Higher-ups knew about the impending epidemic of the virus so they sold stocks in advance
What kind of trust to the government can be discussed, even if high-ranking Senators take advantage of the national epidemic in their personal financial interests. Recently it became known that four "the people’s choice" sold their stocks immediately after a briefing on coronavirus in late January.
And although each of those caught in such urgent speculations has an excuse in the form of "I do not follow hundreds of thousands of dollars" or "my husband manages this money," the people's trust in the Senators fails.
Following a January 24 meeting with Donald Trump about a possible national threat to the coronavirus, Sens. Kelly Loeffler (R-Ga.), James Inhofe (R-Okla.), Dianne Feinstein (D-Calif.) And Richard Burr (R-N.C.) Sold their stocks for a total of more than $ 5.3 million.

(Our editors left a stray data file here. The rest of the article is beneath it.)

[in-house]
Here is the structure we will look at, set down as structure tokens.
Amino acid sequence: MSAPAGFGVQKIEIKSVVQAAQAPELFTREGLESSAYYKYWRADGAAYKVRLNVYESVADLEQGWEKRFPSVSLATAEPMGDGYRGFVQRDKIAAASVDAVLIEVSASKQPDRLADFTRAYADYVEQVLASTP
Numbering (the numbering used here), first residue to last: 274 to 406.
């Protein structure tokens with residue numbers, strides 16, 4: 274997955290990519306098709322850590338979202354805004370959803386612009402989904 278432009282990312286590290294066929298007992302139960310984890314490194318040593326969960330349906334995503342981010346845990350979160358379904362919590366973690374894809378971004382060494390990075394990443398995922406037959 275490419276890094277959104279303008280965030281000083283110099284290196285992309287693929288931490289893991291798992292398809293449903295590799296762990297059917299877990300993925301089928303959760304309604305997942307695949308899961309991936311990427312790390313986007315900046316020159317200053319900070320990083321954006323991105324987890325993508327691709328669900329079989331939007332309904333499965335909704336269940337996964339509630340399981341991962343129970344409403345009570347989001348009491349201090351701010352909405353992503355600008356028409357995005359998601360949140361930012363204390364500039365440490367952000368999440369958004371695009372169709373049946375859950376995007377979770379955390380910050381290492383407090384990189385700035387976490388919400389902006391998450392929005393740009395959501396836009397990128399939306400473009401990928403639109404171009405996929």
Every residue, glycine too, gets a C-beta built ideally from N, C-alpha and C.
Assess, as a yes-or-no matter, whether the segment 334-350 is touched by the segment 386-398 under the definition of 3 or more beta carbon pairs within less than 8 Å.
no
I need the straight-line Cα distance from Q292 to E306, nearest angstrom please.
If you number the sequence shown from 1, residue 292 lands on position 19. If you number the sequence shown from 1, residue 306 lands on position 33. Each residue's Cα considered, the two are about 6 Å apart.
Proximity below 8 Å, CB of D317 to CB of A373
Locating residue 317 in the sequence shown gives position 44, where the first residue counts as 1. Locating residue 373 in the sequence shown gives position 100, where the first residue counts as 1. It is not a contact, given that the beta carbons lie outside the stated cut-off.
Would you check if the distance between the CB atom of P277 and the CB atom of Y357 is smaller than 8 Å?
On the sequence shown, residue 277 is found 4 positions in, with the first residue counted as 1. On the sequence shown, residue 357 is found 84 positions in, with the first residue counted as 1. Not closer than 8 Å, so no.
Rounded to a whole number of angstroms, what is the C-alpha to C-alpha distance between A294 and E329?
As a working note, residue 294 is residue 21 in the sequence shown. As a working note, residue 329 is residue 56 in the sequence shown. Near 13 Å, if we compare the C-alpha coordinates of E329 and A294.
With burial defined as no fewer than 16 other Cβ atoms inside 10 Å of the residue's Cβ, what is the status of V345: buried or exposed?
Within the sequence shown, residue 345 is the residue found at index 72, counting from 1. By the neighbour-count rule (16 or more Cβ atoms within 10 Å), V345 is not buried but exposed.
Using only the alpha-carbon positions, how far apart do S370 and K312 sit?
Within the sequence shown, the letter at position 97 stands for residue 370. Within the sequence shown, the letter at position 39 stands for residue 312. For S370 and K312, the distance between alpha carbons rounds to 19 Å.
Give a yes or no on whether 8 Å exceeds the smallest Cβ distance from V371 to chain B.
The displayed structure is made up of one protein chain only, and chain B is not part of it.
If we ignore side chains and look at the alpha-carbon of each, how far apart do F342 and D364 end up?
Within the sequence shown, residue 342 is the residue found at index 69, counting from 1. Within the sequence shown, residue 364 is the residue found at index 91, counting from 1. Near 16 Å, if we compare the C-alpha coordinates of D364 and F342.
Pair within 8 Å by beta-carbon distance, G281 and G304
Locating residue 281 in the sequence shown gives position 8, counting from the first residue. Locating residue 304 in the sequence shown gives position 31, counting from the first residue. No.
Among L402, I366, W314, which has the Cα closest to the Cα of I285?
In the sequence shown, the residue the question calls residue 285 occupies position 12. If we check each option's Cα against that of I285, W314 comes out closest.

This is a ridiculous and baseless attack. I do not make investment decisions for my portfolio. Investment decisions are made by multiple third-party advisors without my or my husband's knowledge or involvement.— Senator Kelly Loeffler (@SenatorLoeffler) March 20, 2020
According to financial disclosure forms, all four senators sold their assets in two stages, the first stage of sales took place from January 24 to January 31, when information about the impending stock market crash became available at a briefing, then, after almost a week, the second stage came when the coronavirus already been recorded in the USA. Between February 5 and February 20, senators got rid of the remaining stocks, reports The Hill.
“Senator Burr filed a financial disclosure form for personal transactions made several weeks before the U.S. and financial markets showed signs of volatility due to the growing coronavirus outbreak,” a spokesperson for Burr told ProPublica regarding the stock sales.